Walmart beat what had already been raised revenue and earnings expectations for the first quarter, begging the question of how long the company’s current tailwind will last.
The exceptionally strong top line beat was attributable to high volumes of food and staples items sales, management said, as customers dashed for groceries and essentials amid lockdowns. E-commerce sales were a huge driver of the results, rising 74% year-over-year, a far higher growth rate than what the company has normally seen in roughly the past year and a half.
However, management pulled guidance because it doesn’t know how long the current tailwind will last.
Here were the earnings results versus Wall Street estimates:
- Revenue: $134.6B v. $131.47B
- Same-store-sales: +10% v. +7.2%
- Earnings per share: $1.18 v. $1.13
The operating margin was 3.8%, a bit below what the company hopes to achieve in the future. The margin was driven down by a higher sales mix to the lower gross margin staples and grocery products. Also, costs related to safety pressured the operating margin.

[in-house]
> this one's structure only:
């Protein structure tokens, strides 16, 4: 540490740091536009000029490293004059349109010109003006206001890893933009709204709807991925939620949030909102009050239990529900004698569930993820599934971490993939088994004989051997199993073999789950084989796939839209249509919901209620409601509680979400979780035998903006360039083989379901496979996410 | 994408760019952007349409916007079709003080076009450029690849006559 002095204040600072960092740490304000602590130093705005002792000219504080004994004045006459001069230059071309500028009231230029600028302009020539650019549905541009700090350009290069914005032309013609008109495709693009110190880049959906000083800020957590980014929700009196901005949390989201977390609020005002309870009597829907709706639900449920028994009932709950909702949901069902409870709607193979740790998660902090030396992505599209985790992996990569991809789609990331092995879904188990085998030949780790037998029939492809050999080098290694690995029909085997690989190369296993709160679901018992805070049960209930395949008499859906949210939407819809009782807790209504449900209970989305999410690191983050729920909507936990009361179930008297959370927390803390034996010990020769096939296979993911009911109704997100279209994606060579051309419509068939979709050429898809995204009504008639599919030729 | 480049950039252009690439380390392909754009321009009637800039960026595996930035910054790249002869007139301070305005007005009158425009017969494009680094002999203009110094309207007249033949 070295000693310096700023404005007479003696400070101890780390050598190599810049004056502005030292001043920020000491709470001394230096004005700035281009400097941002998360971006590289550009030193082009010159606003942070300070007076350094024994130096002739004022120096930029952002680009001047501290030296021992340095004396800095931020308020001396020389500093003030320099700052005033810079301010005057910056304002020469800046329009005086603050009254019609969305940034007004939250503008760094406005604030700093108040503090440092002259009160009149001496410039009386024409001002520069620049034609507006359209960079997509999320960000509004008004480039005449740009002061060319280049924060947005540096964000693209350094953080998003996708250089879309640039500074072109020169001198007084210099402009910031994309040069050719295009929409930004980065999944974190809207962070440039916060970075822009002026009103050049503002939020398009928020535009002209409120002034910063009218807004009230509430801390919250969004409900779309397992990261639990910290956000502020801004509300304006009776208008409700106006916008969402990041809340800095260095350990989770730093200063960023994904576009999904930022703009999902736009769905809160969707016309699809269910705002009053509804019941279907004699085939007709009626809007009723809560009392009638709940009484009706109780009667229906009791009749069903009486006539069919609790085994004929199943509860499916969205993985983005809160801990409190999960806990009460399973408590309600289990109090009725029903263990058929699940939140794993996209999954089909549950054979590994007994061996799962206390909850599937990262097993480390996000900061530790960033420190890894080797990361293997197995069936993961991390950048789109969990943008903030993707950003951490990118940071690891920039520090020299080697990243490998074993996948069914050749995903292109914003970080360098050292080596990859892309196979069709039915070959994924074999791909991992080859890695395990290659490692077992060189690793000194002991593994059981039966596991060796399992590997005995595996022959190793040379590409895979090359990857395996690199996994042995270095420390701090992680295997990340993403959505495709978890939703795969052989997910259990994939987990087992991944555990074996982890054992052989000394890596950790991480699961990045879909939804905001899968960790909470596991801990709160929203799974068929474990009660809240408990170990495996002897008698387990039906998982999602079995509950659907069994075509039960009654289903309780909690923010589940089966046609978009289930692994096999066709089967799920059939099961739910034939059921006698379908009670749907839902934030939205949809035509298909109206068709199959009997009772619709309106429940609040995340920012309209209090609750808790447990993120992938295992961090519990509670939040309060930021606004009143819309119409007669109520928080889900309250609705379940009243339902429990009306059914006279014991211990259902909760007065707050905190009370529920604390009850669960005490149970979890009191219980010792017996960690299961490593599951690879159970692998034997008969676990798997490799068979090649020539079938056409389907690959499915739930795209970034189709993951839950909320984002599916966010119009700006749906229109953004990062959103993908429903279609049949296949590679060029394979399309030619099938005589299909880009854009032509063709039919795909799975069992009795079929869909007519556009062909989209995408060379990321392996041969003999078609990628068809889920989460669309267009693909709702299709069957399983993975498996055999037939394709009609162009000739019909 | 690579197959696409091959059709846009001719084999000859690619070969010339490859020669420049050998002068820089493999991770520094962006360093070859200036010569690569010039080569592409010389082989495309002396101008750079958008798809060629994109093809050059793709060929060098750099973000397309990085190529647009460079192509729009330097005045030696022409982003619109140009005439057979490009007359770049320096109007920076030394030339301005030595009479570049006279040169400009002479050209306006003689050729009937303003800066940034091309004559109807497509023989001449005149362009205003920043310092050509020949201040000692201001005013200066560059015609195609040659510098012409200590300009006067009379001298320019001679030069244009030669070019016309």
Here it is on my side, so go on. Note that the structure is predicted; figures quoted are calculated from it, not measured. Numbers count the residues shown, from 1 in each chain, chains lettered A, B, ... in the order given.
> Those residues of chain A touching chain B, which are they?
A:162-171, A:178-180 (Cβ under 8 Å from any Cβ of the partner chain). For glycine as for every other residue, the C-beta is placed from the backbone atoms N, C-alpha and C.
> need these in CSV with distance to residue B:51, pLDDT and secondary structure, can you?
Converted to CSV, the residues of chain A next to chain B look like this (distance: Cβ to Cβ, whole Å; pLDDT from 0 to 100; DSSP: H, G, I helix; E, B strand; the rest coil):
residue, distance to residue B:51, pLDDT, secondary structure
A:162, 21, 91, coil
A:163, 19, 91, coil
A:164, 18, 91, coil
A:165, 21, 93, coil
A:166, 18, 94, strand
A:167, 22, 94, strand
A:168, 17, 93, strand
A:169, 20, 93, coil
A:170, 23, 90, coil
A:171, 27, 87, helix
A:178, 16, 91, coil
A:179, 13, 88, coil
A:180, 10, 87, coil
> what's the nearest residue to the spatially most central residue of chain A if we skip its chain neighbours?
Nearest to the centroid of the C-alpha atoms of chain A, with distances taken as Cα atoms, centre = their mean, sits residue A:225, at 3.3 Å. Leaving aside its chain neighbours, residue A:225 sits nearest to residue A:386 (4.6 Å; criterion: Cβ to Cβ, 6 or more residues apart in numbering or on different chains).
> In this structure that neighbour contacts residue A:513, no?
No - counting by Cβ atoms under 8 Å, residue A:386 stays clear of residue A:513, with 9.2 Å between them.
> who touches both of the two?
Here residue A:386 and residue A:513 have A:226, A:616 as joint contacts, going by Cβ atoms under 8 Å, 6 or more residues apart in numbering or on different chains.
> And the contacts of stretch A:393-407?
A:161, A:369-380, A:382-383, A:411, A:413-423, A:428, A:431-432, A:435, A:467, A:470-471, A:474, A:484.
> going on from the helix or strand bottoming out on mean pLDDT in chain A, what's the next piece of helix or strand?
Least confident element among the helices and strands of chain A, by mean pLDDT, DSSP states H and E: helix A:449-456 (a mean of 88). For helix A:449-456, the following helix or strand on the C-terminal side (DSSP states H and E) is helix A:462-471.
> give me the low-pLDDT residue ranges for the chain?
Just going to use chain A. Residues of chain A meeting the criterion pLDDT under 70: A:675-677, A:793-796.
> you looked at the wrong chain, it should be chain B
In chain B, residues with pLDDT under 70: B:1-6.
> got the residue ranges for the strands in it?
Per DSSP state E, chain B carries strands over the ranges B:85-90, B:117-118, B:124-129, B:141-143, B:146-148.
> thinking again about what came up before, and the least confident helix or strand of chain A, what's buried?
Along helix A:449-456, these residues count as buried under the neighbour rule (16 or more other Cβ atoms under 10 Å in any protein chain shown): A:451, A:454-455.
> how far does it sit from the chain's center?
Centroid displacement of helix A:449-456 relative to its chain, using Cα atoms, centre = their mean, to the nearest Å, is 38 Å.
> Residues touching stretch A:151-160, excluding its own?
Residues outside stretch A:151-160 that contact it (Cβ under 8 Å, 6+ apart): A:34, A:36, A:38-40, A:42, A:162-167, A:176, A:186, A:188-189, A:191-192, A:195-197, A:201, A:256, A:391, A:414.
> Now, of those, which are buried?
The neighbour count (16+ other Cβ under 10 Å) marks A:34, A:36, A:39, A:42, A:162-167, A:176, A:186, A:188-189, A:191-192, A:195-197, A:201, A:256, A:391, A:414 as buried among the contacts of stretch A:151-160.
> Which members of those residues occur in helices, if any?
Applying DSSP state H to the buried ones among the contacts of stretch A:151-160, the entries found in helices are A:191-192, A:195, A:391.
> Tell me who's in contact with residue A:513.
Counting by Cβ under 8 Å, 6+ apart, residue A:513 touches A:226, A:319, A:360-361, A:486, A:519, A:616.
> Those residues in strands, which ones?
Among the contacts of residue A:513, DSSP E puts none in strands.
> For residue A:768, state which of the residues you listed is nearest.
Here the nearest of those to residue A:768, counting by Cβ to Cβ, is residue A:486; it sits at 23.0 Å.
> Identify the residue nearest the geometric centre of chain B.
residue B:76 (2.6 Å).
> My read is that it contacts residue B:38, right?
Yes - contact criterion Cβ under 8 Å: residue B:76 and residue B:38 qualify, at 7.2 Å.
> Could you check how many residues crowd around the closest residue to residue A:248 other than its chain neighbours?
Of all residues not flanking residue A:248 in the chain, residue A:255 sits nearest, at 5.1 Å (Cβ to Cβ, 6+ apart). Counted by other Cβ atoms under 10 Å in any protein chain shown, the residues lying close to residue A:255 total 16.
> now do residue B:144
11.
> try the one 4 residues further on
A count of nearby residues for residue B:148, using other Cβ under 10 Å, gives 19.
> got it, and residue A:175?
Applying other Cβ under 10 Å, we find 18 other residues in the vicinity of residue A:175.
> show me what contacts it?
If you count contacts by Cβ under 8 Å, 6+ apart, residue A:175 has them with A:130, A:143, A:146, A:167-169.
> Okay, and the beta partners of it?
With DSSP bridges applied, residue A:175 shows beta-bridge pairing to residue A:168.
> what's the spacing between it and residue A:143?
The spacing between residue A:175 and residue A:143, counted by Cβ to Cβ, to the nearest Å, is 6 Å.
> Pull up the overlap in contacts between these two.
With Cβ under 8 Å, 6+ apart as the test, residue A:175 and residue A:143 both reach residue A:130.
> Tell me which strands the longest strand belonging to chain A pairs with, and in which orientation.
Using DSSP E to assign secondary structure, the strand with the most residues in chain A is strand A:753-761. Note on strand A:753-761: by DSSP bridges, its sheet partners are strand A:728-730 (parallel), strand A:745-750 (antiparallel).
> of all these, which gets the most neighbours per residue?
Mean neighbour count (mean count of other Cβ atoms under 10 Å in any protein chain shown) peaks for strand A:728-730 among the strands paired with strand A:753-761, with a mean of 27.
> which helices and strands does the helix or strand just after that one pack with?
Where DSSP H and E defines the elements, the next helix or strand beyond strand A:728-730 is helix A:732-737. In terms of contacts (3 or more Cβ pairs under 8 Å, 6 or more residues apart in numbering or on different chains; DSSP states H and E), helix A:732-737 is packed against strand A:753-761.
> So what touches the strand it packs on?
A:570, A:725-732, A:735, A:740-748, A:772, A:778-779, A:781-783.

Still, the current rate of volume increase is a recipe to grow the business solidly for the short-term. Walmart’s average ticket in the U.S. rose 16% year-over-year, meaning that the average customer spent that much more for the quarter over last year’s quarter.
But with the stock up 8% for the year already and trading at almost 26 times the next 12 month’s earnings, investors may be pricing in upward earnings revisions for the next year. The stock usually trades at roughly 22 to 23 times earnings.
The question for short-term investors is how long the current lockdown-driven tailwind will last. Analysts may have a hard time putting their finger on that, as the uncertainty, as management noted, is high.